In the immortal words of Adam Sandler, "It's time to celebrate Hanukkah!" But what exactly is Hanukkah, and why is it relevant to us today?

About 22 hundred years ago, a Seleucid king occupied Jerusalem, looted the Temple, and outlawed Judaism. The Seleucids had inherited part of Alexander the Great's empire, and they were culturally Greek or "Hellenized." It seems the Seleucids were egged on by a group of assimilated Jews who opposed the more traditional Jews of Jerusalem. As a result of the Seleucid invasion and the sacking of their Temple, the Jewish population revolted, led by Judah Maccabee (a/k/a The Hammer) and his family. The Maccabees ultimately liberated Jerusalem and re-dedicated the Temple. But they found that there was only enough oil to light the eternal flame and keep it burning for one day. It would take eight days to get a new supply of oil. The miracle of Hanukkah is that one day of oil lasted for eight days.

Today, we celebrate Hanukkah by lighting a menorah (candelabra) that holds eight candles, plus an additional candle called the shamash, which is used to light the other eight. On the first night, we light one candle, and on each subsequent night of the holiday, we add another candle until the last night, when we light all eight candles plus the shamash. I suppose to keep up with our Christian neighbors, we also give presents on each night of the holiday (growing up, my presents were usually socks or underwear, but these days, standards have improved!). To remember the oil, we also eat food cooked with oil, primarily latkes (potato pancakes) and sufganiyot (donuts).

There are a few important rules about the Hanukkah candles. For one, they cannot be used for any purpose other than observing the holiday, so we cannot use them as lights for reading, for example. Also, the menorah is meant to be displayed publicly, and is often placed so that it is visible through a window (being careful not to set the curtains on fire, of course). Also, the miracle of Hanukkah is a funny sort-of thing. The Jewish people defeated the powerful Seleucid empire, cleaned up and restored the Temple, and found enough oil to light the flame for one night. The "miracle" that largely defines the holiday is that G-d kept that flame burning for seven extra nights. Of all the events in the Hanukkah story, keeping the flame lit for an extra week doesn't seem like such a big deal.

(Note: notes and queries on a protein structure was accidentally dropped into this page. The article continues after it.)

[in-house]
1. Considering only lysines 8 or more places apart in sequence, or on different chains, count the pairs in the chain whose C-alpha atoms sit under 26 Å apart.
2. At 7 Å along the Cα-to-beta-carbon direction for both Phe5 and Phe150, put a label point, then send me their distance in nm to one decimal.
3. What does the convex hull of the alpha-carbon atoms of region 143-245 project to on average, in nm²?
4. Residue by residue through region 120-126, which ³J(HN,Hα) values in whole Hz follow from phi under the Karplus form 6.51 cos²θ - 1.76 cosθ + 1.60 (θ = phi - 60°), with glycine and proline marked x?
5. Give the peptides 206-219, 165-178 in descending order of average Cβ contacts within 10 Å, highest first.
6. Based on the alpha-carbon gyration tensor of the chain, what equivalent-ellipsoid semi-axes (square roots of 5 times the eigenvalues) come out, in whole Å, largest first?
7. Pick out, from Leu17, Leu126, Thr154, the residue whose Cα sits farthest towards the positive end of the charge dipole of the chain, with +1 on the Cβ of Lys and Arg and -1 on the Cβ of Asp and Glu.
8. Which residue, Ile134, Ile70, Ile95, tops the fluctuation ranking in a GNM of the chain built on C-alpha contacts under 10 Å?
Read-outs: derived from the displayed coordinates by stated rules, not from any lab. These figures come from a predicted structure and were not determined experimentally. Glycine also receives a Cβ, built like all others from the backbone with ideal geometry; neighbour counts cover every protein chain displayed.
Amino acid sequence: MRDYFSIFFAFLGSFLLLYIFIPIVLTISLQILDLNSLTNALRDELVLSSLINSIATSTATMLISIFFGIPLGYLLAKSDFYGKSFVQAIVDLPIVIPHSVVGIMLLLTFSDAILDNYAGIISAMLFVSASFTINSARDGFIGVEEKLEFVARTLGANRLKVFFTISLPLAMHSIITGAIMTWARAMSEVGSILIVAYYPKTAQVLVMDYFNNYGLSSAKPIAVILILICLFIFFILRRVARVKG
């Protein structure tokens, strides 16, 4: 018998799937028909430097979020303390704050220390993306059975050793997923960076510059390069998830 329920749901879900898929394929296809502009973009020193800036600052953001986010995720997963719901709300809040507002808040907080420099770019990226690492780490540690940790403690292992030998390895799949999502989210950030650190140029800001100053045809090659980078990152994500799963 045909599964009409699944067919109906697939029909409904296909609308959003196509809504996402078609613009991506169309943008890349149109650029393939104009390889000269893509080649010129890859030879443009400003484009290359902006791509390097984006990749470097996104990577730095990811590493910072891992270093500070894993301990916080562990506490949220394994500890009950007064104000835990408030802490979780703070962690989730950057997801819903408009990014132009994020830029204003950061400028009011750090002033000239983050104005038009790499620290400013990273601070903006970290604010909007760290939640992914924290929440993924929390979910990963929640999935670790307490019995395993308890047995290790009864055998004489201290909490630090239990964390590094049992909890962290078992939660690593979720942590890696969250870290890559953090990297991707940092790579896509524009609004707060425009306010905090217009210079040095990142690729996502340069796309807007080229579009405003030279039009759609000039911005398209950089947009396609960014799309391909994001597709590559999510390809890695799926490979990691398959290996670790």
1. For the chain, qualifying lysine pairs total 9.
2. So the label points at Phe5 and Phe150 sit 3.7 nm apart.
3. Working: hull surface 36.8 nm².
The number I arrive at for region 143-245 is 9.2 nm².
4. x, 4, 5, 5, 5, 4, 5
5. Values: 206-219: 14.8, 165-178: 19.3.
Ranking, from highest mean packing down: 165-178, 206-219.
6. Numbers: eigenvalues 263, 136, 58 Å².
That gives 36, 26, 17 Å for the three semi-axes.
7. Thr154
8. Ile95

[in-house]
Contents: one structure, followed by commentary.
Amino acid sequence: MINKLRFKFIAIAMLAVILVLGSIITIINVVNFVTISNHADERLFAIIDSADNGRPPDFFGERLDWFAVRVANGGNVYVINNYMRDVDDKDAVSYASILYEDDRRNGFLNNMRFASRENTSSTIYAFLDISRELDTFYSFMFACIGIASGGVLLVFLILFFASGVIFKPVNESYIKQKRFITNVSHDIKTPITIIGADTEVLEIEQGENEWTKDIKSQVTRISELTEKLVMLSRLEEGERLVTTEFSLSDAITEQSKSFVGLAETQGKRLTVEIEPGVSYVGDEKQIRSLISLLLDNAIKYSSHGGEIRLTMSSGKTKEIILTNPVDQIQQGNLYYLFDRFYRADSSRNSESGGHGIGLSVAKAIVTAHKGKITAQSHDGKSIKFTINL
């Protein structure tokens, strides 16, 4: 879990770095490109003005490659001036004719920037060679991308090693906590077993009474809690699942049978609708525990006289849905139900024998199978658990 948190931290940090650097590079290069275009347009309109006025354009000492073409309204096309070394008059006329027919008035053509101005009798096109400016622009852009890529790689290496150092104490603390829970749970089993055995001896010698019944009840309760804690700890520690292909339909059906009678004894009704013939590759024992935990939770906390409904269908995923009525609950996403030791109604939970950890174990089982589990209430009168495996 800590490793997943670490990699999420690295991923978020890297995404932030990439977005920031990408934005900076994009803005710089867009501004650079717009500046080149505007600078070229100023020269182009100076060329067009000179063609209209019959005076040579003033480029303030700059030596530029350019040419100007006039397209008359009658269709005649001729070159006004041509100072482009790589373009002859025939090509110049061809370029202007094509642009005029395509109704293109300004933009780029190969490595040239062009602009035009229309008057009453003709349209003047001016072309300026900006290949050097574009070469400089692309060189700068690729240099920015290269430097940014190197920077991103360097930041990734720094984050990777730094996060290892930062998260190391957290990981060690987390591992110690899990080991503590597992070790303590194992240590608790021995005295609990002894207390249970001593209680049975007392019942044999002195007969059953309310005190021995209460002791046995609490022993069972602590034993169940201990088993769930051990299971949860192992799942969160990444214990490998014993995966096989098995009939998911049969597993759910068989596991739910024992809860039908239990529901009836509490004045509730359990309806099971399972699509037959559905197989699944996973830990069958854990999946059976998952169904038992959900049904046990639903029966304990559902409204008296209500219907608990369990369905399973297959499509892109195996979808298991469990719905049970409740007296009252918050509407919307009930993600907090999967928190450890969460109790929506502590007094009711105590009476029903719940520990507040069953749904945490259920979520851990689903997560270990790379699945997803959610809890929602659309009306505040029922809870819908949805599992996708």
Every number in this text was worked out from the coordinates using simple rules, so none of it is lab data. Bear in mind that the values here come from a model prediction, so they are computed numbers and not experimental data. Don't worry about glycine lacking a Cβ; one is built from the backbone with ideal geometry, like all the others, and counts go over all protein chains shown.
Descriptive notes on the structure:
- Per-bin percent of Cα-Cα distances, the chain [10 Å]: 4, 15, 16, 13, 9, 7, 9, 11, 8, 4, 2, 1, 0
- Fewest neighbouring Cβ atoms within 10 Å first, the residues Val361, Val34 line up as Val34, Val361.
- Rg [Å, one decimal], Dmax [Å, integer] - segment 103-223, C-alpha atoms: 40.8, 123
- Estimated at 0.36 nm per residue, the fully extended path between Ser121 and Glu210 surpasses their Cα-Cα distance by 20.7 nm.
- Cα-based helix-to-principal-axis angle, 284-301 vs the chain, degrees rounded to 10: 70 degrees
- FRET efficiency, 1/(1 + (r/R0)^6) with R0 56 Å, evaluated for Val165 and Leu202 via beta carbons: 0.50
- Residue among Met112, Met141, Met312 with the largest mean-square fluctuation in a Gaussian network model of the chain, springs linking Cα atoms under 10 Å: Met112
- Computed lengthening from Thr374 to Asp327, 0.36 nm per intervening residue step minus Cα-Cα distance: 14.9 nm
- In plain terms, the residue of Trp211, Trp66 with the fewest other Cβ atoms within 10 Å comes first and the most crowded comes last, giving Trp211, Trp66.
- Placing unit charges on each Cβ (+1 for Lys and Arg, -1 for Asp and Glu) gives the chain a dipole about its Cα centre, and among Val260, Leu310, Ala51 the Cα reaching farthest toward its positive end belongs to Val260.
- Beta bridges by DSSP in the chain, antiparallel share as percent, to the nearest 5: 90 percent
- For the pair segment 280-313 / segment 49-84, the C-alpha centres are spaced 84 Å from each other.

Amidst the celebration of Hanukkah and the deluge of presents, we sometimes give short shrift to the story of our ancestors' struggle for freedom, and certainly the basis of the holiday is not well known outside the Jewish community. But the lessons of Hanukkah are important, and are relevant to our time.

For one thing, there is the fight itself--a rag tag group of warriors defeated a powerful empire. Perhaps this is the less obvious miracle of Hanukkah, as the victory might not have been possible without divine intervention. But even if we attribute the Maccabees' success to G-d, they still earned their win through tenacity and faith in Jewish values. It reminds me of the old adage from St. Augustine: Pray like everything depends on G-d; act like everything depends on you. The lesson for our own time (and all times) is clear--despite the powerful forces arrayed against us, we must continue to fight for Justice. That is what our ancestors did, and it requires hard work. It also requires faith: Faith in G-d or humanity, or simply faith that right will ultimately defeat might, as long as we stay true to our cause. Put more eloquently, by Rocky Balboa, the patron saint of Philadelphia--

It ain't about how hard you hit. It's about how hard you can get hit and keep moving forward. How much you can take and keep moving forward. That's how winning is done!

There is also symbolism in the Hanukkah candles. They provide a light, which reminds us of the eternal flame and the miracle of the oil, of course. But what about the idea that the candle light cannot be used for other activities, like reading? To me, this represents a singularity of purpose. We have to keep our eyes on the prize, as it were. One criticism of the Left is that we tend to lack focus. Go to a rally for immigrant rights and you might see protest signs related to gun control, choice, and gay rights. I get the idea of intersectionality. But I think we need to be better about forming alliances to get things done, even if sometimes those alliances are with people we might otherwise find unpalatable (in typical Jewish fashion, I've also argued the other side of this point, but as they say, consistency is the hobgoblin of small minds).

Finally, there is the idea that the menorah should be displayed in a window. This one makes me nervous. I don't really want passerby to know that I am Jewish. Maybe it's because I grew up at a time when the Holocaust dominated our religious school curriculum, but the idea of advertising my religion to the whole neighborhood--which may include neo-Nazis for all I know--seems risky, even irresponsible. Here, though, I think the point is that we should not be afraid to state our values publicly. While there may be some risk in doing so, it is important to stand up for what we believe.

We live at a time when many of our leaders encourage us to hate people perceived as different; to hold "the other" in contempt. They want to divide us with lies and turn us away from the better angels of our nature. It's easy and self-indulgent to hate, especially when we've been given permission to do so. Hanukkah reminds us to keep the light of goodness alive inside ourselves, and to show that light to the world. Living the message of Hanukkah is not easy, and it is not always safe. But it is important. And these days, it is a message we need more than ever.

Originally posted on the Asylumist: